Battery Sizes and GroupsFortunately for users and technicians alike, the car battery industry is all standarized. There are several groups that indicate the size and terminal position of the battery (where the positive and negative terminals are placed)This makes the job of replacing your dead car battery a much, much simpler task! ​Side-Post BatteriesSome manufacturers like to re-invent the wheel. Pun not intended, it happened casually.For instance, GM vehicles side-post batteries in which the cable ends screw to the side of the battery, instead of having the posts on the top of the battery. GM-Friendly battery groups are 70, 74, 75 and 78.Recessed Top Posts Eurocar makers do typically place their posts recessed in the top corners of the battery, equalling the height of the posts and the highest part of the actual battery.Like the one on the picture left, for instance.Manyfacturers like BMW are fond of hiding their batteries underneath the rear seats, in the trunk or even more random places. I love them despite that.VAG and other Euro makers typically use batteries have a ventilation system as a part of the battery. The most common size groups are 41, 42, 47, 48 and 49.American Standard Top PostsThe vast majority of American and Japanese models (as well as other imports) place the top post in a standarized place. These are the most common battery groups in the US which is likely the kind of battery you’ve seen anywhere.Groups differ then in height, width or lengh, in most cases height is the main difference, which can lead to installing a battery that’s too high and the posts hitting the hood of the car (all sort of miracles and fun things happen when both posts do, and your fusebox celebrates the 4th of July in all its glory)​The most common groups are 24, 24F, 25, 34, 35, 51, 51R, 52, 58, 58R, 59 and 65.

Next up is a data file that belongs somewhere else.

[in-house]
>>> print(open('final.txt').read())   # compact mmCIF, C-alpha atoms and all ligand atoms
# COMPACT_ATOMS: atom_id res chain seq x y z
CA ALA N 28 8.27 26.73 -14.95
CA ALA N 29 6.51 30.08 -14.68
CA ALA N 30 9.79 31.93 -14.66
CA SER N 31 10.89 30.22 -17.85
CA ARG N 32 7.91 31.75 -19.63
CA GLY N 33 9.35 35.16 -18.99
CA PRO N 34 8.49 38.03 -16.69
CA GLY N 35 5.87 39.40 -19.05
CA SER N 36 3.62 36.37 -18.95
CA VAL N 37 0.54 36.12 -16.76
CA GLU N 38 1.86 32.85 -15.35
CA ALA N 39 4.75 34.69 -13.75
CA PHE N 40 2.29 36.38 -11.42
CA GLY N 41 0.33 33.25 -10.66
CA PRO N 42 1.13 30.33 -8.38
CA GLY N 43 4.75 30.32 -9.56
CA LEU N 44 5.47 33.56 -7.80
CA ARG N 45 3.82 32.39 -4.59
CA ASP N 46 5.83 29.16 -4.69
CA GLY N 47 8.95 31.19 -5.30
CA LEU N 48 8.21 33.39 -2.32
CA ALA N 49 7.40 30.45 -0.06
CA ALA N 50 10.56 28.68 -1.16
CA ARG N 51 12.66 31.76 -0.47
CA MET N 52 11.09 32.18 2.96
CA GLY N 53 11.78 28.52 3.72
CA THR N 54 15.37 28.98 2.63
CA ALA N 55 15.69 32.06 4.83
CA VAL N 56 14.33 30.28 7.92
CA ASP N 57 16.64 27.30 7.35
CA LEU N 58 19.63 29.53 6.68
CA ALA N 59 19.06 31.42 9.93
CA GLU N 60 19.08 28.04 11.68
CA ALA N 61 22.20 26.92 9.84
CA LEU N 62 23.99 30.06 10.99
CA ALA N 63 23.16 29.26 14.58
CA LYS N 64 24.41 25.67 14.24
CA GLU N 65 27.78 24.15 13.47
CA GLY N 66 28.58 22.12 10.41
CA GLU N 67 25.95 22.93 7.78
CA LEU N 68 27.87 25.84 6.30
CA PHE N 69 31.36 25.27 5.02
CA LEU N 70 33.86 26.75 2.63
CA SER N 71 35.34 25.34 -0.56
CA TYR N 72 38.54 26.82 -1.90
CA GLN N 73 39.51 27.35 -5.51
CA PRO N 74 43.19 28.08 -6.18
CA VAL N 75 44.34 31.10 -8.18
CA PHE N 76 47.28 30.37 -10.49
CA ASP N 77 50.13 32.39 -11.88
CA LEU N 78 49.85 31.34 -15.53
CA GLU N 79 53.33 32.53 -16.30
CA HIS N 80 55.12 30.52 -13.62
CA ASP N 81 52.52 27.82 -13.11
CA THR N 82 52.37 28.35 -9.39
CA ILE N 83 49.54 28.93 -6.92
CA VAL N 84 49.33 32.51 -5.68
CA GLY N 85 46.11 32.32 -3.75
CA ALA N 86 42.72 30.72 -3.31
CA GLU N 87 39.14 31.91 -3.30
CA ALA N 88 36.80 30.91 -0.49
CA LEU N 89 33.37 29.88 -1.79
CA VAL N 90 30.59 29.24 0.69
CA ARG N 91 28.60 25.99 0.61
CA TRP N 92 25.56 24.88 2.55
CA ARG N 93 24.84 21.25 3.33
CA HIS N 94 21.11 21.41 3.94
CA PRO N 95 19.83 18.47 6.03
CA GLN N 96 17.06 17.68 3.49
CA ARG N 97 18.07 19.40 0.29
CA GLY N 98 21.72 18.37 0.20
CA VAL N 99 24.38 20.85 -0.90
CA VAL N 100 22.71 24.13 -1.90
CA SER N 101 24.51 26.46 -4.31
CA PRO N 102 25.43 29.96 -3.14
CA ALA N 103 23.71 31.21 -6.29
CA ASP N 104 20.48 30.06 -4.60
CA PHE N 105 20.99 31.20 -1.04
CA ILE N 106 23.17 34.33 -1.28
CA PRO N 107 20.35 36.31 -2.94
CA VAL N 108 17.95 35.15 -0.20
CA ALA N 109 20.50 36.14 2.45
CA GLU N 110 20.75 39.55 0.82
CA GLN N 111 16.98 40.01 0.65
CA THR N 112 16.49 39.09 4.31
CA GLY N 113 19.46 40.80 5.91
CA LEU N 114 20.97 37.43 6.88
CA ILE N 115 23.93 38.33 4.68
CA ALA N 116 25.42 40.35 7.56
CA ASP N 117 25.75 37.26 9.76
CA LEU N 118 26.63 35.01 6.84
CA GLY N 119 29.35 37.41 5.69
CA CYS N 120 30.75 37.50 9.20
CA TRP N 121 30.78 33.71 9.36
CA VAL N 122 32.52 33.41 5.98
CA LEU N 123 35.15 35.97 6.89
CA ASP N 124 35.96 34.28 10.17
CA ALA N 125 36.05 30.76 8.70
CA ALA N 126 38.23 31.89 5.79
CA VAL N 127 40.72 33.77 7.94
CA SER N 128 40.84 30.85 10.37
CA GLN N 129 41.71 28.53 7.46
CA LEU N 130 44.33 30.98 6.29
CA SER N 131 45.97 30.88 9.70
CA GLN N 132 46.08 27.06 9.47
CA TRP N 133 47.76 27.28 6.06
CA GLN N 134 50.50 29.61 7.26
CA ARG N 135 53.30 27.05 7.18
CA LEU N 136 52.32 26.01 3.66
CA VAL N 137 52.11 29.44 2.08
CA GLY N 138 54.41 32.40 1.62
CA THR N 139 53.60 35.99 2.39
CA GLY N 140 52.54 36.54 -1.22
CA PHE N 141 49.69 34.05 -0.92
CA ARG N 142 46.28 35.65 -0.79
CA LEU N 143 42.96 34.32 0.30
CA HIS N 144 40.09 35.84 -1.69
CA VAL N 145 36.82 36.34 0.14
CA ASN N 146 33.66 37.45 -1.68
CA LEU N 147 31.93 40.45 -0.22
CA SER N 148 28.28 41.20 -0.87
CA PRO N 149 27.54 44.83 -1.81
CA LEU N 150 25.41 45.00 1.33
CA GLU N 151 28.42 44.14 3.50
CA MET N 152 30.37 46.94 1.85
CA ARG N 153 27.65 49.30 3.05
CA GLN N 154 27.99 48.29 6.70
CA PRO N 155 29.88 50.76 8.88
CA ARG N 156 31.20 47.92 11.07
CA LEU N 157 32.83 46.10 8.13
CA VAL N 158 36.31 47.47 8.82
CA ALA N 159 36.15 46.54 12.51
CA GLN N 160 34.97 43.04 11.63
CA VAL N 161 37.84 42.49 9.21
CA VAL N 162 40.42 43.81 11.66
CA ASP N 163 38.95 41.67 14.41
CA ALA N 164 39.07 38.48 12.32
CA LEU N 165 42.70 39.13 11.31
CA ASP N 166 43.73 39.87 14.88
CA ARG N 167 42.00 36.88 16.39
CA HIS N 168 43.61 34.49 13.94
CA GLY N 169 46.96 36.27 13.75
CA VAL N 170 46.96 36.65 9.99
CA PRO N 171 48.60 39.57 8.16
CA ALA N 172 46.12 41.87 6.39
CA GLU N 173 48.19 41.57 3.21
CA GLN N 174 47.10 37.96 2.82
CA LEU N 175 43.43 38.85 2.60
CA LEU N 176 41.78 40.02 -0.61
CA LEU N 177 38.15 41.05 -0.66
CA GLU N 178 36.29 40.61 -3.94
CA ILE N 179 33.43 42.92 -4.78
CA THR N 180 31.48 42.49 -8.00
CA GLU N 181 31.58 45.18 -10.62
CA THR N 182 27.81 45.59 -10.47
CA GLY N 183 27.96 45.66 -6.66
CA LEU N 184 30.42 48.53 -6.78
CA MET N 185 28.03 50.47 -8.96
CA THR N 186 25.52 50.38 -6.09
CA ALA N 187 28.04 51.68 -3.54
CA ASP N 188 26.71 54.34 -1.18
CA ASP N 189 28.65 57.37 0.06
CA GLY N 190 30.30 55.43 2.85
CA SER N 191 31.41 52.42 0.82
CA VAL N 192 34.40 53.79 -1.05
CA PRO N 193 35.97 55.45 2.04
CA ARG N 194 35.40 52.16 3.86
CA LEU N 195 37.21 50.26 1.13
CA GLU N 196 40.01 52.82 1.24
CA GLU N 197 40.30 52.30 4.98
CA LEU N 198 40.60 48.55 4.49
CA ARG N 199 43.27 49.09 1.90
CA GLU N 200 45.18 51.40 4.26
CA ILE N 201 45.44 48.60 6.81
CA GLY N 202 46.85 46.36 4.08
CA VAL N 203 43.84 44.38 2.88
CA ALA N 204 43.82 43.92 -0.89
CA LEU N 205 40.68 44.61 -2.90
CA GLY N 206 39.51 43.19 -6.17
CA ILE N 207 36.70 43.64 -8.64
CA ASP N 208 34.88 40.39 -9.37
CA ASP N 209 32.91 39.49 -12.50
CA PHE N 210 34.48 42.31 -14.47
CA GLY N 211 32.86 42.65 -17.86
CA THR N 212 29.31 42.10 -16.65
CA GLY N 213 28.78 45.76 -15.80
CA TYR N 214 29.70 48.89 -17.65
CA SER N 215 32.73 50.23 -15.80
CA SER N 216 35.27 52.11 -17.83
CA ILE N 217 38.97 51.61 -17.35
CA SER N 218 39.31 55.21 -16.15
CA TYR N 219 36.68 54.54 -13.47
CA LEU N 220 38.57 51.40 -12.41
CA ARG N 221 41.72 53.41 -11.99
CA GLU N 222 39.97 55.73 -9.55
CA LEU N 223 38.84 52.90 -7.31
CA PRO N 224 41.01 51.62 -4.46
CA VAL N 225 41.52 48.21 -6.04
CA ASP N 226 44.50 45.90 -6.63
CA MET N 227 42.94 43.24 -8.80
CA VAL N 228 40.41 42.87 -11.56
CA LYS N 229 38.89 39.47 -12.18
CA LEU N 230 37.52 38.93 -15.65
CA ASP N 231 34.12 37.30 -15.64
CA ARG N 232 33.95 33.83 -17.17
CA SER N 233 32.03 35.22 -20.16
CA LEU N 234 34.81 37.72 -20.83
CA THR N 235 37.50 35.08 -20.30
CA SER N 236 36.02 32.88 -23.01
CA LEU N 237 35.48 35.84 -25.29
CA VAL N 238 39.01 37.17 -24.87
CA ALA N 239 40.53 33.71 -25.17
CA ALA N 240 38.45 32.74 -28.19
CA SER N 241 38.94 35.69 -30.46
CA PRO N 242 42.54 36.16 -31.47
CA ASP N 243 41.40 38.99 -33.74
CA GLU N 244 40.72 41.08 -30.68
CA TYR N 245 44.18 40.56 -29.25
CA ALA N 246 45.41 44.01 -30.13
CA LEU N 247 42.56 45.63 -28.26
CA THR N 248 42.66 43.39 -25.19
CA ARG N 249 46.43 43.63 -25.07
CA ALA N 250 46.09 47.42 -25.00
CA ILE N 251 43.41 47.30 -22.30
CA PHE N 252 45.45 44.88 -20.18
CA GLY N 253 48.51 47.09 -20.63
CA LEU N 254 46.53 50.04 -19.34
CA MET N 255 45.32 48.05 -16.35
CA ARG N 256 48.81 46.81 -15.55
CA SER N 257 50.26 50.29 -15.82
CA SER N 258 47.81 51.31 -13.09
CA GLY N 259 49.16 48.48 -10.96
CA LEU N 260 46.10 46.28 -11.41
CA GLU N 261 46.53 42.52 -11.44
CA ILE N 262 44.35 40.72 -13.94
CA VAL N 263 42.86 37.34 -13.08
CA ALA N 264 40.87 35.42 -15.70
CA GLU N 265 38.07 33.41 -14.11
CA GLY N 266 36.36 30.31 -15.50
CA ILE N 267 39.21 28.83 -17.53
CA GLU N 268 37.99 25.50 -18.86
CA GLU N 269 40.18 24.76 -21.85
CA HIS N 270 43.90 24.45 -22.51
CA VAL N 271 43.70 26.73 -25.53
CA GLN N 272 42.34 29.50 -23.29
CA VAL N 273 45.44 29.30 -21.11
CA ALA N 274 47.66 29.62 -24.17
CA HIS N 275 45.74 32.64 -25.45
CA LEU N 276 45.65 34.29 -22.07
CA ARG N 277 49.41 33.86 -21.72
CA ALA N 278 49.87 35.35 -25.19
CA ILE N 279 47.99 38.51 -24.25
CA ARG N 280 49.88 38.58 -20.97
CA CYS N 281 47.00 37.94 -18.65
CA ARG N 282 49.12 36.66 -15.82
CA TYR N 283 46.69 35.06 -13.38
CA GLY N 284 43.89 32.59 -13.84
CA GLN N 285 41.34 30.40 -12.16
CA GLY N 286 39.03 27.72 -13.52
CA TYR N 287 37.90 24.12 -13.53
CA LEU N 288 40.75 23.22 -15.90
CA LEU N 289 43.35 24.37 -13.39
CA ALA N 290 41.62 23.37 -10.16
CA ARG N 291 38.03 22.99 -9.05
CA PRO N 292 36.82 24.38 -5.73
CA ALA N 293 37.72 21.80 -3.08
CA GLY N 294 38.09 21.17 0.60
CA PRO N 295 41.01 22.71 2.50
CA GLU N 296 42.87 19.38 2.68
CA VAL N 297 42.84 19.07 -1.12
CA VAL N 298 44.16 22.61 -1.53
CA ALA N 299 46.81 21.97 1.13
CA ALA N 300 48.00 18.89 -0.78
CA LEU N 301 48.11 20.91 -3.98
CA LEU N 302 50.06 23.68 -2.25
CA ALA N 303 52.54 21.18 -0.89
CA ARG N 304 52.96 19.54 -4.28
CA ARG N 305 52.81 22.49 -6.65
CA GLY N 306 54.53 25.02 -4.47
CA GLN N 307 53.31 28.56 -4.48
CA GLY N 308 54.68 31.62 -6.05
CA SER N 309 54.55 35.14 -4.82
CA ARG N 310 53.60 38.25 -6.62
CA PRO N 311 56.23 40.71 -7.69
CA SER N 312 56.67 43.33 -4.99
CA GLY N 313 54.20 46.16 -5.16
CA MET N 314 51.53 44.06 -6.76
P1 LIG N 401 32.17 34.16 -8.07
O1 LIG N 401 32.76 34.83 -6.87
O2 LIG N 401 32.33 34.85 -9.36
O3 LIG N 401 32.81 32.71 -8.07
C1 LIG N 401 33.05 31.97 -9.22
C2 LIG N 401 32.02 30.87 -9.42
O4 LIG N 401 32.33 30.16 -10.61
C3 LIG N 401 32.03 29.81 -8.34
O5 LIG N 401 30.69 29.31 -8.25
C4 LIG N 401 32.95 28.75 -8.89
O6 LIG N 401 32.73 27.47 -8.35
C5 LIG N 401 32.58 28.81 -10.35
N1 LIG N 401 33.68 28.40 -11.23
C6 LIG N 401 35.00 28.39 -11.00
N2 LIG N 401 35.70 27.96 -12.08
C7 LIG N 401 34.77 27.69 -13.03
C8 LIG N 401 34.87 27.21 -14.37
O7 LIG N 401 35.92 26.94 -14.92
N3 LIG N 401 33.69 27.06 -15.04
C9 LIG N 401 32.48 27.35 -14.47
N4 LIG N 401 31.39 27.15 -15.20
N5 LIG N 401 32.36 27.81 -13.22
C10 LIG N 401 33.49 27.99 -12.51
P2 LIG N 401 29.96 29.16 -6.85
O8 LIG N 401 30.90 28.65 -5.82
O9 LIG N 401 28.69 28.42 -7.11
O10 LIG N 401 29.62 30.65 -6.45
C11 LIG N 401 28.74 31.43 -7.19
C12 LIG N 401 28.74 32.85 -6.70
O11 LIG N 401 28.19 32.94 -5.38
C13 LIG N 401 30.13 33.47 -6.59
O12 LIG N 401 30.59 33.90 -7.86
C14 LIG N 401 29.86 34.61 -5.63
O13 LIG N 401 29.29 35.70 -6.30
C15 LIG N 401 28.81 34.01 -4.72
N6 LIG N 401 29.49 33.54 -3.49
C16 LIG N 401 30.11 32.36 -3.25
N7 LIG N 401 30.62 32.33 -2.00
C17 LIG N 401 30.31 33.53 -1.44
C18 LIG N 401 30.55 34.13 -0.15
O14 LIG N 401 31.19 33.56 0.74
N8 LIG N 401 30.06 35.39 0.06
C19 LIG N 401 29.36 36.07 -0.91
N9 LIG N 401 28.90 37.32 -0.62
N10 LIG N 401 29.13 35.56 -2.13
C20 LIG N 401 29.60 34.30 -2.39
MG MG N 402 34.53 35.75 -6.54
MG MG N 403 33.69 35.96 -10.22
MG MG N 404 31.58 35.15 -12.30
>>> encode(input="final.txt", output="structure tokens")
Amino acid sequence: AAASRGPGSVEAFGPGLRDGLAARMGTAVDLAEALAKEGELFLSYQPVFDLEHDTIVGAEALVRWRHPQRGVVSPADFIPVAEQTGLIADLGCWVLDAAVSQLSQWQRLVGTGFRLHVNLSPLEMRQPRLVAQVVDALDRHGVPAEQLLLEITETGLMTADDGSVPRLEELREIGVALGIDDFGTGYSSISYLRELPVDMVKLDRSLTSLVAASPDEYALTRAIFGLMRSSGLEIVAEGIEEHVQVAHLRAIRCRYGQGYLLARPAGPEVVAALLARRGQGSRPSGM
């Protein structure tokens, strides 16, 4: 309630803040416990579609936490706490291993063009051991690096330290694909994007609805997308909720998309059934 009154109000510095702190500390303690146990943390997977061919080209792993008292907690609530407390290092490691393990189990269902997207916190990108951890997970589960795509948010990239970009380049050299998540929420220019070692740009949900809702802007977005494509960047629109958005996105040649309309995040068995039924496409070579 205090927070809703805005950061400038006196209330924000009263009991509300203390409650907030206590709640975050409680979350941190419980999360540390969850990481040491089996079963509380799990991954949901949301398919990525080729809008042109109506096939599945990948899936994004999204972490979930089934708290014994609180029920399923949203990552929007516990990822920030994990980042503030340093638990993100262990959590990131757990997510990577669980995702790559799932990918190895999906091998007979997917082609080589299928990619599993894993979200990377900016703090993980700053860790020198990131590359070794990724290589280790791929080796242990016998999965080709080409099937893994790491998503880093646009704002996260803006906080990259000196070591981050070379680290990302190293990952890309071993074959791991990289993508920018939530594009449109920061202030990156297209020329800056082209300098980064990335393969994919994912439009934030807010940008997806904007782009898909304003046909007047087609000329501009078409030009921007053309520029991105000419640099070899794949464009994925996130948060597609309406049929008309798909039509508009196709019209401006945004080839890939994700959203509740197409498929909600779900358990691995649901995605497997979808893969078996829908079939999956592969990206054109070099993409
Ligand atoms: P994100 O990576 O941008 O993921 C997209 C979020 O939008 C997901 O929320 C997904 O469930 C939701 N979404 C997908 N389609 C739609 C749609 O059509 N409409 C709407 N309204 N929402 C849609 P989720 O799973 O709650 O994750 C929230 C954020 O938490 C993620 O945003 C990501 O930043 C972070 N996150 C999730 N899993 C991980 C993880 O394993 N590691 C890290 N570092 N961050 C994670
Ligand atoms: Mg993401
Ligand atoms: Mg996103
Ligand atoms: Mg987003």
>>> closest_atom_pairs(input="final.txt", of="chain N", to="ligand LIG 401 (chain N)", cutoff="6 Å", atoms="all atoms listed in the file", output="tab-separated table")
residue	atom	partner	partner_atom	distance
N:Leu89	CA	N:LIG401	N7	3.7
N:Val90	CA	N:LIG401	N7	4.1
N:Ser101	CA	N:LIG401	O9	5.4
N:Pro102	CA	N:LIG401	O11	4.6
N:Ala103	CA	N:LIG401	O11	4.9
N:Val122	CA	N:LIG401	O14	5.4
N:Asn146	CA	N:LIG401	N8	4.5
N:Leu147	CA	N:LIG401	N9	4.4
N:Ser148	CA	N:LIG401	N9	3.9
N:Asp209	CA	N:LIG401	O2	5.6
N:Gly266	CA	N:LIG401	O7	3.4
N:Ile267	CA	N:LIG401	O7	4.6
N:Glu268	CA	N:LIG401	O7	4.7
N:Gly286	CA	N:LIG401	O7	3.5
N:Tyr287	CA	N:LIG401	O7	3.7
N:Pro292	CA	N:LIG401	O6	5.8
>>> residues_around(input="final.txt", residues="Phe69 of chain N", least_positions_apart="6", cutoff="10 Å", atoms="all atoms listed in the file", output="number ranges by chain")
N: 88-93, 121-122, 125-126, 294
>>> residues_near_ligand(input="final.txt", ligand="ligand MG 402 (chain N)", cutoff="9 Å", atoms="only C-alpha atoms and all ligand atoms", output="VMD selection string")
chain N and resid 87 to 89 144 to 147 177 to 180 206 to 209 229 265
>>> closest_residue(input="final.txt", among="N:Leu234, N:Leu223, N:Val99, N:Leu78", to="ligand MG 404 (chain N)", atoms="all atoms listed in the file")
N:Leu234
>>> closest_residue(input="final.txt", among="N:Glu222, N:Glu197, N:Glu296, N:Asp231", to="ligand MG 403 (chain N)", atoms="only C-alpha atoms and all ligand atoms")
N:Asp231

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Car Battery Sizes